OOIDA President Todd Spencer stated that truckers often wonder if anyone in Washington is listening.
“The introduction of the Truck Parking Safety Improvement Act shows that not only are some members of Congress listening, but lawmakers from across the political spectrum are willing to step up and address one of the greatest concerns for professional drivers – the national shortage of safe truck parking," Spencer said. "OOIDA is proud to support this important legislation and will continue to work with our bipartisan champions and industry partners to get it passed.”
Currently, there are more than 11 truck drivers for every one parking space, according to ATA. Studies show that 98% of drivers report problems finding safe truck parking, and the average driver spends 56 minutes of available drive time every day looking for parking. That wasted time amounts to a $5,500 loss in annual compensation – or a 12% annual pay cut. Moreover, 58% of all drivers admit to parking in unauthorized or undesignated spots at least three times per week to meet their parking needs.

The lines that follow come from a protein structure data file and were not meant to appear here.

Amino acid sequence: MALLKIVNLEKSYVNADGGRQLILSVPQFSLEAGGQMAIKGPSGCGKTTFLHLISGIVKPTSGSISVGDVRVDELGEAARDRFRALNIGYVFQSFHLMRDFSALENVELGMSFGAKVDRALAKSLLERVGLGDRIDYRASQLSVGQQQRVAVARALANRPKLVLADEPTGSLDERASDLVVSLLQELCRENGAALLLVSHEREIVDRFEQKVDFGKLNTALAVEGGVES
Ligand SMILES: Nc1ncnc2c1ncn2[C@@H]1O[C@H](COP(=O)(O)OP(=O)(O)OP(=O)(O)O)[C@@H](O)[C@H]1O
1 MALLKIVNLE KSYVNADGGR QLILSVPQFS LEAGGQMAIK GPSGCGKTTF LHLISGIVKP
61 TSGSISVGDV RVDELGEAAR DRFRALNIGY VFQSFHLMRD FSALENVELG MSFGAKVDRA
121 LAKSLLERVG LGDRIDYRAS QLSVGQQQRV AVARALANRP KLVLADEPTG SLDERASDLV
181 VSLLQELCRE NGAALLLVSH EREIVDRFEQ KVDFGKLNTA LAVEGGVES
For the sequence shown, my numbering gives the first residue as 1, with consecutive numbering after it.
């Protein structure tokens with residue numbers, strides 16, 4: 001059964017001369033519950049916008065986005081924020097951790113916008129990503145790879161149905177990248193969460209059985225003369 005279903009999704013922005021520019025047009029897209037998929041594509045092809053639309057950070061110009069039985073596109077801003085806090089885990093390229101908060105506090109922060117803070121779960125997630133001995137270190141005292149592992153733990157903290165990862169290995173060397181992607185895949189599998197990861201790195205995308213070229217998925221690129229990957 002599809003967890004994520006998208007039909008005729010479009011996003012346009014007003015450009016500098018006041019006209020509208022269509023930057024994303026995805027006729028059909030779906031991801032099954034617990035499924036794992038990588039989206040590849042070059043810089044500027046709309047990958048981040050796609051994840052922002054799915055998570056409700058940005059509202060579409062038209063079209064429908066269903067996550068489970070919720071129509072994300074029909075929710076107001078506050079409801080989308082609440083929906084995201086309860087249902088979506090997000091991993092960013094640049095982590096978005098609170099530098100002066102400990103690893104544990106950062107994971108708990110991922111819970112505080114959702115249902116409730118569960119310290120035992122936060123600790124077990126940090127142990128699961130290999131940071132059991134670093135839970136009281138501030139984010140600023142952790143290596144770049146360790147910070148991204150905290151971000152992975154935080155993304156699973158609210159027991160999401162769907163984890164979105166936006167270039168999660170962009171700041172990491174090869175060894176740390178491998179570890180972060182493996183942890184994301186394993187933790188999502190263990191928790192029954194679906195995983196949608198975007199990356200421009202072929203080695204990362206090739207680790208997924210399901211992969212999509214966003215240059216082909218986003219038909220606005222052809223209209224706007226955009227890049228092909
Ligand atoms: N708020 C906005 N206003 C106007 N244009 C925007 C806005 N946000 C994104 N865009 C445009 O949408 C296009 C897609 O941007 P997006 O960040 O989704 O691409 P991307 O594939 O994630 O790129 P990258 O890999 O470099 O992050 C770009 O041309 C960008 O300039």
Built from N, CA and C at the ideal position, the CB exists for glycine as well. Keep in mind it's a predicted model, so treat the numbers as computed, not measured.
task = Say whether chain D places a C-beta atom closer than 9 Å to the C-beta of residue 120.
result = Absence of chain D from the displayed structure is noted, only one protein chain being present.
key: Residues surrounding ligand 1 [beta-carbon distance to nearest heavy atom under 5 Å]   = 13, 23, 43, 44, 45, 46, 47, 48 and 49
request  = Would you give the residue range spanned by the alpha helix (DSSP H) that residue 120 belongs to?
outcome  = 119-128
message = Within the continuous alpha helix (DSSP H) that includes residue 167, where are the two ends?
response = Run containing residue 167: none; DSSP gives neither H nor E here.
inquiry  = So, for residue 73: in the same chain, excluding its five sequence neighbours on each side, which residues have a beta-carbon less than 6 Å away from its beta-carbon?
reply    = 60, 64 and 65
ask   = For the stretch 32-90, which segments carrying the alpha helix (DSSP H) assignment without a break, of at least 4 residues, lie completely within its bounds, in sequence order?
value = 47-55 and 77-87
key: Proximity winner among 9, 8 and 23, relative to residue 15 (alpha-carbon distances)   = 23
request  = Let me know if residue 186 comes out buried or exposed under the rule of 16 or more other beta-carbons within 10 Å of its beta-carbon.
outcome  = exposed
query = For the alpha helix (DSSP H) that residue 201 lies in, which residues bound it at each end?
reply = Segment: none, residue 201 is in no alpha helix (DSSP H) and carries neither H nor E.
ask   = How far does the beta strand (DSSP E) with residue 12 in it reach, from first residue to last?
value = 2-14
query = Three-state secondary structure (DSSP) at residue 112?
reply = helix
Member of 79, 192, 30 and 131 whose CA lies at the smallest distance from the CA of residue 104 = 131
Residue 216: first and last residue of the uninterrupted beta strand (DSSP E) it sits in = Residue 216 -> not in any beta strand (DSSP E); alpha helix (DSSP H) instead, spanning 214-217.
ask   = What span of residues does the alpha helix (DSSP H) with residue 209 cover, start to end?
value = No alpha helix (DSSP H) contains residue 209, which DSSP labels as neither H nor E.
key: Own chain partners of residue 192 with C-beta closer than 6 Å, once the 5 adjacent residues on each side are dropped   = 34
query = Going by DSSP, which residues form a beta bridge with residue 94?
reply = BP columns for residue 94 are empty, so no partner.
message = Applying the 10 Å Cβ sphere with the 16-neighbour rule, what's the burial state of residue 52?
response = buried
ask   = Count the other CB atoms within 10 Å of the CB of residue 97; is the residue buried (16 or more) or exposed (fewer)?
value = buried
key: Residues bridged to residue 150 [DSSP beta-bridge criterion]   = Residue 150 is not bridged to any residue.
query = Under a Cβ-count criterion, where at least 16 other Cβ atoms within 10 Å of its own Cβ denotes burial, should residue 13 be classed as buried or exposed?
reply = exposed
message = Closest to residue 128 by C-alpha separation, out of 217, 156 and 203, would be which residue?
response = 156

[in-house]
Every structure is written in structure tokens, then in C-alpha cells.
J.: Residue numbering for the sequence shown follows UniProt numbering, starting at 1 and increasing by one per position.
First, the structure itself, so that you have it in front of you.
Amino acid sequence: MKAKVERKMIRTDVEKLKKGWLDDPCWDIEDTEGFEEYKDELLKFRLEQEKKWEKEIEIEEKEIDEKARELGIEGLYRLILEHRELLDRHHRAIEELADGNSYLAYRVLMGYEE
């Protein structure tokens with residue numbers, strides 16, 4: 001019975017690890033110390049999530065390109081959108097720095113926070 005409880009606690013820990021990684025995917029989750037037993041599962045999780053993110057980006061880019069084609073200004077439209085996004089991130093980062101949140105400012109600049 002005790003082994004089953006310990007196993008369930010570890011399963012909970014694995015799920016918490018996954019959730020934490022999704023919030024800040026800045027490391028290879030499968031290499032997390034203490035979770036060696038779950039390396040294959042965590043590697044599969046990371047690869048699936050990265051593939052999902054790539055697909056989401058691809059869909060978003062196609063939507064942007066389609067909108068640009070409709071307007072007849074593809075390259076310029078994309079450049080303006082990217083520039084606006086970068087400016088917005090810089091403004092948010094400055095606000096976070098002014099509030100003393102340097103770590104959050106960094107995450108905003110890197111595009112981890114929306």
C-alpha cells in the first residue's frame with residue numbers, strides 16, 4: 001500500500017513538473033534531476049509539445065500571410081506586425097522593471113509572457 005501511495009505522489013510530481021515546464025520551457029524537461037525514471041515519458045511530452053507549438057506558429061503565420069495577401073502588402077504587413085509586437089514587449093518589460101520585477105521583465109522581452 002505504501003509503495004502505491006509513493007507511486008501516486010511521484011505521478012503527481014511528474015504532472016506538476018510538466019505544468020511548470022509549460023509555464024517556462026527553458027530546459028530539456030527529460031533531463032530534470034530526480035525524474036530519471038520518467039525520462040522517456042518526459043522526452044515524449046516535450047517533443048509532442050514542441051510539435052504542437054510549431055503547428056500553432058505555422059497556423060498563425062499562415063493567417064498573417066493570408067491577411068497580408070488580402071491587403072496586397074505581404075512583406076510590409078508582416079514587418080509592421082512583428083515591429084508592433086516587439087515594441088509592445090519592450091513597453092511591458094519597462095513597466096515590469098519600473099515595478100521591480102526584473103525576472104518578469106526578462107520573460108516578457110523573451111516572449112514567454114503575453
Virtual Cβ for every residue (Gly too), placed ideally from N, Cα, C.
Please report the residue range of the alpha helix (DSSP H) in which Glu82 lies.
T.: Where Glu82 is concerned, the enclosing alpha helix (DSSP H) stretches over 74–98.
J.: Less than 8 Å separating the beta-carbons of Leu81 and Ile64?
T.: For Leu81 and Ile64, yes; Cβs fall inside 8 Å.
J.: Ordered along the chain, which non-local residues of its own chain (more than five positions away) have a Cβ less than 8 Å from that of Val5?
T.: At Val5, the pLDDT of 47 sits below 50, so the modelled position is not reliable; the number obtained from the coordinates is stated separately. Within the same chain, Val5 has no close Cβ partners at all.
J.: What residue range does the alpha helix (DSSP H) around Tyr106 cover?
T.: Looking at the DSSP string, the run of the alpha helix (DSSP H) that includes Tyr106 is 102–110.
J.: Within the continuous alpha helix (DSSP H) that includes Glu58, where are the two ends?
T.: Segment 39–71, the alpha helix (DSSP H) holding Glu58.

“I grew up in a family trucking business and spent years driving over the road,” said Bost. “Since then, we’ve seen the need for more trucks and drivers increase significantly, especially during the COVID-19 pandemic when trucking helped to keep our economy going. However, the number of truck parking spaces hasn’t kept pace. That means that drivers are forced to park in unsafe locations, which puts both them and other motorists at risk. Creating sufficient parking options for long-haul truckers will not only help keep truckers safe during their rest breaks but will also mean safer roads for everyone.”